Four years ago, Chen Jen-hsiang decided to quit his job as a game programmer and do things that have a positive impact on society -- something "more real."
He rented the premises of a former kindergarten in a small alleyway in New Taipei City and built a two-story building with large windows and wooden floors into a cat hotel: The Puzzle Cat Home.
He began keeping stray cats, but when the number of animals rose to 80, money became tight.
To keep his cat home afloat, Chen had to find ways to make ends meet, but he did not want the lives of the cats to be compromised.
He tried live-streaming the cats' activities and hosted parties to invite cat-lovers to interact with the cats. But all failed financially.
It was not until recently that he found an unlikely ally: cat poop.
"Bio-compost is not a new idea. But people usually need to add a medium to facilitate fermentation, such as wood dust or husks of grain. I found cat litter can be just that," Chen said.
He showed Xinhua reporters bags of fertilizer made from cat feces and litter in the courtyard, ready to be sent to the countryside.
There was barely any odor. Chen said that when he started experimenting with his fertilizer, "it was like cooking shit."
Bad smell was an issue at first. He had a fertilizer machine custom-made to feature strong ventilation to keep the air fresh.
He also made sure the novel fertilizer passed safety tests before taking it to the market.
Today, Puzzle Cat can produce 25 to 30 kg of fertilizer per day.
Chen opens the lid of the machine, stirs it, takes out a small black heap and keeps it close to his nose. "It smells just like soil."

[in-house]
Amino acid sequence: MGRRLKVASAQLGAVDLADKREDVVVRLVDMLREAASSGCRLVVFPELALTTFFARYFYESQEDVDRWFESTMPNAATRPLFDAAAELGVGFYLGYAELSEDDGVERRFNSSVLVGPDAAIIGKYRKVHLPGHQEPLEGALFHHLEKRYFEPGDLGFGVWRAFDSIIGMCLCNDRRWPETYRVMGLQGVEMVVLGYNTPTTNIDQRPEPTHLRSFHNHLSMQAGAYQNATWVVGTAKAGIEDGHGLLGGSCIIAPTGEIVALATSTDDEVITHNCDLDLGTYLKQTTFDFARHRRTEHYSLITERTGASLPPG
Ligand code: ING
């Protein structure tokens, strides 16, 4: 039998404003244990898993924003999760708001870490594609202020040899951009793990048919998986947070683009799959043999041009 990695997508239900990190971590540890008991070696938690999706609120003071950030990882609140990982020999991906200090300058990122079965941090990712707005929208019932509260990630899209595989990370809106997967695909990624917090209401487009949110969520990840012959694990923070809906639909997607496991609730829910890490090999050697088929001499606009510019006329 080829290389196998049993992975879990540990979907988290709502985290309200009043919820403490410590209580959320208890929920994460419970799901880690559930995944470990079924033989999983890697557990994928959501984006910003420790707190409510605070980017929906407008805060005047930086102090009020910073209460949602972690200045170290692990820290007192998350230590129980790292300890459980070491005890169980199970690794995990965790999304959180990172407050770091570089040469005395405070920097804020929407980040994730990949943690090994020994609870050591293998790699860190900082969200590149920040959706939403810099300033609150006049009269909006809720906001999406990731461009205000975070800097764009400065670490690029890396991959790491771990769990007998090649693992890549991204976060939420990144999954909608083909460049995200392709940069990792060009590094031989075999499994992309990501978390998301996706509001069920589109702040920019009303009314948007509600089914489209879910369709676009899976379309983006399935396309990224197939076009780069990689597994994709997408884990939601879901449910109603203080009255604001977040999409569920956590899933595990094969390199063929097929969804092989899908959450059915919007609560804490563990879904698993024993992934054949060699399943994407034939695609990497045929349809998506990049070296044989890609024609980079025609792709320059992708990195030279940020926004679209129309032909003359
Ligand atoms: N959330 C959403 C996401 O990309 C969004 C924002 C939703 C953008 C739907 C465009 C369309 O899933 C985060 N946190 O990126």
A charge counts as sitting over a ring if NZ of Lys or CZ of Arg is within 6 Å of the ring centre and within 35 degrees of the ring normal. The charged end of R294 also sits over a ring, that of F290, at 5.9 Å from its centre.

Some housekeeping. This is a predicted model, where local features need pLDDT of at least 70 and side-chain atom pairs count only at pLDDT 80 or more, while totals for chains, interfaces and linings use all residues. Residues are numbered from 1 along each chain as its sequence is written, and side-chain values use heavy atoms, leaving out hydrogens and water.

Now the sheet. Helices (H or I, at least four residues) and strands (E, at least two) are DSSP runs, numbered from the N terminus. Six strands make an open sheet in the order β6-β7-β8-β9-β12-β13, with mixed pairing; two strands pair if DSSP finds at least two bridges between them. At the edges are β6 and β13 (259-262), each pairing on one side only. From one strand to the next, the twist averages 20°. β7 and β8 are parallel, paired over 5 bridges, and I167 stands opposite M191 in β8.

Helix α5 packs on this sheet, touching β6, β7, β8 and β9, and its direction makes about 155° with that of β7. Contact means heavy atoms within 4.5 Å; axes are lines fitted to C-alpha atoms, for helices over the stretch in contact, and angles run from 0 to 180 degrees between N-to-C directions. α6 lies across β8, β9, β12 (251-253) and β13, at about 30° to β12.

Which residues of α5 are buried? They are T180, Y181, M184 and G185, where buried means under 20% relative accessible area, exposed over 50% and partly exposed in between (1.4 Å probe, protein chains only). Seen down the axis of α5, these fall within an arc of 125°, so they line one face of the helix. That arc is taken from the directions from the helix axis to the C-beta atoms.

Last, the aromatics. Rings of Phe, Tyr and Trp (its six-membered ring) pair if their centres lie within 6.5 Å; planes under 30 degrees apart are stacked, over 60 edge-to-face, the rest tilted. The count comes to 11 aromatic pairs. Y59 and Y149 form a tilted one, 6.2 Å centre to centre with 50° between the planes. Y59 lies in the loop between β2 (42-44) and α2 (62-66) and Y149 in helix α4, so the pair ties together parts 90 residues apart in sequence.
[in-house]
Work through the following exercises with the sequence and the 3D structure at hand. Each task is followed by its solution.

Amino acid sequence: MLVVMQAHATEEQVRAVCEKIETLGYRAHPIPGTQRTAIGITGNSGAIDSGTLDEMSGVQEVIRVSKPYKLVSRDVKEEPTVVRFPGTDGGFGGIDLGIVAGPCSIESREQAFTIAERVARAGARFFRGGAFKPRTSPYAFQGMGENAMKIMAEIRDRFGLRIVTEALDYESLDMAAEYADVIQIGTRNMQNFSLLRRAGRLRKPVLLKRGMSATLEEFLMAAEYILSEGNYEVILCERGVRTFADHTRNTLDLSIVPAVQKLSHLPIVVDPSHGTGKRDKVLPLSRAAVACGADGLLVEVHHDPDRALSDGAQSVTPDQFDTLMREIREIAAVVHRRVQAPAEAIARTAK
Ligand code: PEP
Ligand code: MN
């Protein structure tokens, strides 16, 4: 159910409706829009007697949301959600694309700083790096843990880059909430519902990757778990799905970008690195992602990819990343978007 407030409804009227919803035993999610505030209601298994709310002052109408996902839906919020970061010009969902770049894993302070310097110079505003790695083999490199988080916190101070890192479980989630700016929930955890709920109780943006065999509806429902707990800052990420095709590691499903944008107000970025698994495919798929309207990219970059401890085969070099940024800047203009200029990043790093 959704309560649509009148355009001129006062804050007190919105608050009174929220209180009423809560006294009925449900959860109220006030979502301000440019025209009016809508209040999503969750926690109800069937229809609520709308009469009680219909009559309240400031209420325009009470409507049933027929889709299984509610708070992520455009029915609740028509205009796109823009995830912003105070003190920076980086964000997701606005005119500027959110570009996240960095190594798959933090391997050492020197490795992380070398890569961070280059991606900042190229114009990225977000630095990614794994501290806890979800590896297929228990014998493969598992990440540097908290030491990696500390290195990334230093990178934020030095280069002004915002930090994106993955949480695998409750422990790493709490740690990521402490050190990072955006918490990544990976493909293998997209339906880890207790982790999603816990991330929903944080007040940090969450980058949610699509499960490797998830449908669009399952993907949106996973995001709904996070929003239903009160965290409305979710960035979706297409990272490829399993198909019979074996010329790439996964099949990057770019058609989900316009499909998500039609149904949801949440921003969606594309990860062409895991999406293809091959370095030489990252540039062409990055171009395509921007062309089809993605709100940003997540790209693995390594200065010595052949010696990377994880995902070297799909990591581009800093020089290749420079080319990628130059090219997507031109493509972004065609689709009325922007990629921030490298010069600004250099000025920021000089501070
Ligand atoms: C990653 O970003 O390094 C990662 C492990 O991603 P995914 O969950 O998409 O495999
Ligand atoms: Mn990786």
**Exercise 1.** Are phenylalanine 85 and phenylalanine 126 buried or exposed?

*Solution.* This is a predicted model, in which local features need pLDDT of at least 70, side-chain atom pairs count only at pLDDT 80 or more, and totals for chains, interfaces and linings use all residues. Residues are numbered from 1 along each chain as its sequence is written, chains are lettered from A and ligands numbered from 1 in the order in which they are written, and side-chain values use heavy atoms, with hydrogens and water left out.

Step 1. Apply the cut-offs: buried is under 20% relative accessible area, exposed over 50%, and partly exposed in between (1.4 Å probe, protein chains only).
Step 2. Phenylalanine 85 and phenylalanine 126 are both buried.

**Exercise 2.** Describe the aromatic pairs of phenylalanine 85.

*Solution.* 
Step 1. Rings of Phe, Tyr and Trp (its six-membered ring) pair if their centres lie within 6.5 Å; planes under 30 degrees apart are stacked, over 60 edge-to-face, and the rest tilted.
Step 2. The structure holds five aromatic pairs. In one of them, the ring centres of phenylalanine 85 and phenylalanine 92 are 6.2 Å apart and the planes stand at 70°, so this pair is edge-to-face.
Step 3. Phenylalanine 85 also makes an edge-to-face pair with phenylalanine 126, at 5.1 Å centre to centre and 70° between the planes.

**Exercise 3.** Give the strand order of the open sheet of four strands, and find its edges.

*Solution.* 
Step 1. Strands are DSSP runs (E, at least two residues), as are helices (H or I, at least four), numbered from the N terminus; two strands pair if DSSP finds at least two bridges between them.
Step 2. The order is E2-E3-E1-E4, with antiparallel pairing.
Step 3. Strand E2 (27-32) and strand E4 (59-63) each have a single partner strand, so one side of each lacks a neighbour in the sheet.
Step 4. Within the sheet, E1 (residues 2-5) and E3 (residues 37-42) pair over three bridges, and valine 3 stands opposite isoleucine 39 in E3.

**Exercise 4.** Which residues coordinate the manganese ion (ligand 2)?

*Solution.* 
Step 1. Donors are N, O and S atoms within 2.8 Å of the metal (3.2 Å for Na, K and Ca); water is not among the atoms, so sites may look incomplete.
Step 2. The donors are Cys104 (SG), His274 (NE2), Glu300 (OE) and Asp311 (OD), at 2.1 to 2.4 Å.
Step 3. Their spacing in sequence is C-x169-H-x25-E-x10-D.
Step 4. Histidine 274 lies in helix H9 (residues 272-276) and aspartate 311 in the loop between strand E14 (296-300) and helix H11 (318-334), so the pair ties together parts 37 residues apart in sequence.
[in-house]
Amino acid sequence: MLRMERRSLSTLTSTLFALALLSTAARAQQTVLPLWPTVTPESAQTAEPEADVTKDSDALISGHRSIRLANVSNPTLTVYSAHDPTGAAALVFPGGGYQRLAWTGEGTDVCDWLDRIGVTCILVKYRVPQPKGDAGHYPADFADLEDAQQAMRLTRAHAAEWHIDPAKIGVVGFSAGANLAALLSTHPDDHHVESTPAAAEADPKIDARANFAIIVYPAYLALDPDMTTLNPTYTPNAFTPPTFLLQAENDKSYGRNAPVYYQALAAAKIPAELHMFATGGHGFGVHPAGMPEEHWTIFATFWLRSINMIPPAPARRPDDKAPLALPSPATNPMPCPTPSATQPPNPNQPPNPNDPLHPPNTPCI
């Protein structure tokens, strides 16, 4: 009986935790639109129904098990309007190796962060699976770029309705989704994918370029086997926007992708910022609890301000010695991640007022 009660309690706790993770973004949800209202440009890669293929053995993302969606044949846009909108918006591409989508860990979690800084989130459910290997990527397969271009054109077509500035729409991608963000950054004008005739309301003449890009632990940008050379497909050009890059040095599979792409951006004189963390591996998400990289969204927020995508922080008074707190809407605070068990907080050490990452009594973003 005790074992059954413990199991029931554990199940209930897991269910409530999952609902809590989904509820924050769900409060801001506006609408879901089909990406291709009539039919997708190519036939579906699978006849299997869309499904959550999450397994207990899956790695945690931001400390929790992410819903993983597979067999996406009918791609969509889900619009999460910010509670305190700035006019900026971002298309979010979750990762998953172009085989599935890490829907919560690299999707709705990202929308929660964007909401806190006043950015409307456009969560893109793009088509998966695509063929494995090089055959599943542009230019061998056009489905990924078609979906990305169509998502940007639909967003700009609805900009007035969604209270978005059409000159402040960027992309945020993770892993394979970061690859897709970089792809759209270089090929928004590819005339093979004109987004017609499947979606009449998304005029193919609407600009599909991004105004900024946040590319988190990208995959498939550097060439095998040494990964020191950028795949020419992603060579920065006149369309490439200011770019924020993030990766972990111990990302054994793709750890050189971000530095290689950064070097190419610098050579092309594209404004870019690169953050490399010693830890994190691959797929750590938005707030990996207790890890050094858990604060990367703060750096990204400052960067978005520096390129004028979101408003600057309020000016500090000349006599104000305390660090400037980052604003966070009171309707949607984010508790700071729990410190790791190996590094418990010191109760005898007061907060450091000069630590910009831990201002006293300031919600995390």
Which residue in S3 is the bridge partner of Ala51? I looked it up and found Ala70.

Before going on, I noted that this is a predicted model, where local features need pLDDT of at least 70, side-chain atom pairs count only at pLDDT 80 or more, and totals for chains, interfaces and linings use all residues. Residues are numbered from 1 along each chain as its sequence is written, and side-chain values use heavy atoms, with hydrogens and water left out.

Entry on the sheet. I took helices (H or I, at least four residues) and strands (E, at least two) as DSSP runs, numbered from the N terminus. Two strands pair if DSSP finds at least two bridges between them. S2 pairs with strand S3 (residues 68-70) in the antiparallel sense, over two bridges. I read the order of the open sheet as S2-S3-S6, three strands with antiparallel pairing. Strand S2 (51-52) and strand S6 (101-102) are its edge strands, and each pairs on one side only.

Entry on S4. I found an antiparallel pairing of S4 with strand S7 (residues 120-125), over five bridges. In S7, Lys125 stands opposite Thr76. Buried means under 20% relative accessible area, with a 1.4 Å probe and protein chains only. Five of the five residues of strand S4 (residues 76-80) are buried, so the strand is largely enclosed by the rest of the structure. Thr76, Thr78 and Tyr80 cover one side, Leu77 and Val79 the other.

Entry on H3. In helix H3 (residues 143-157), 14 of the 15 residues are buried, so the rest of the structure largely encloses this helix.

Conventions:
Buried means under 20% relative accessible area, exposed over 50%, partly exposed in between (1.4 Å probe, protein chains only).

Chen explained that the cat feces-turned fertilizer works more like soil conditioner, providing healthy fungi for plants and crops. But it took considerable effort to talk farmers into using it. A farmer from Yilan County was the first to try.
"I was so happy to produce something that is so real and useful in daily life," Chen said. He even persuaded some farmers to grow vegetables and tea using the fertilizer.
"If farmers, especially those living near the water, use our organic fertilizer instead of chemicals, it is good news for ecology," he said. "The crops are healthy, and we can make money. It's multiple wins."
Chen said his next project would be working with herb farmers to produce facial masks, catering to supporters of Puzzle Cat, who are 95 percent young women.
Apart from selling fertilizer and farm produce, Chen and his team are developing their own cat litter.
Though Chen hopes to break even by the end of the year, he believes there is something more important than money.
"People and animals used to share the same space. One day we leveled the ground, built houses and asked animals, why are you homeless?" Chen said. "But their home was right here."
He built Puzzle Cat to be a place where people can share ideas surrounding animal protection and welfare.
If this new business works, it might shed light on the issue of animal protection in other areas, Chen argues, adding that he hopes to take the idea to other parts of the world as people have already shown interest.
"We are not in a hurry. People with different ideas on animal welfare should sit down and talk," he said. "We will be able to understand each other and find common ground."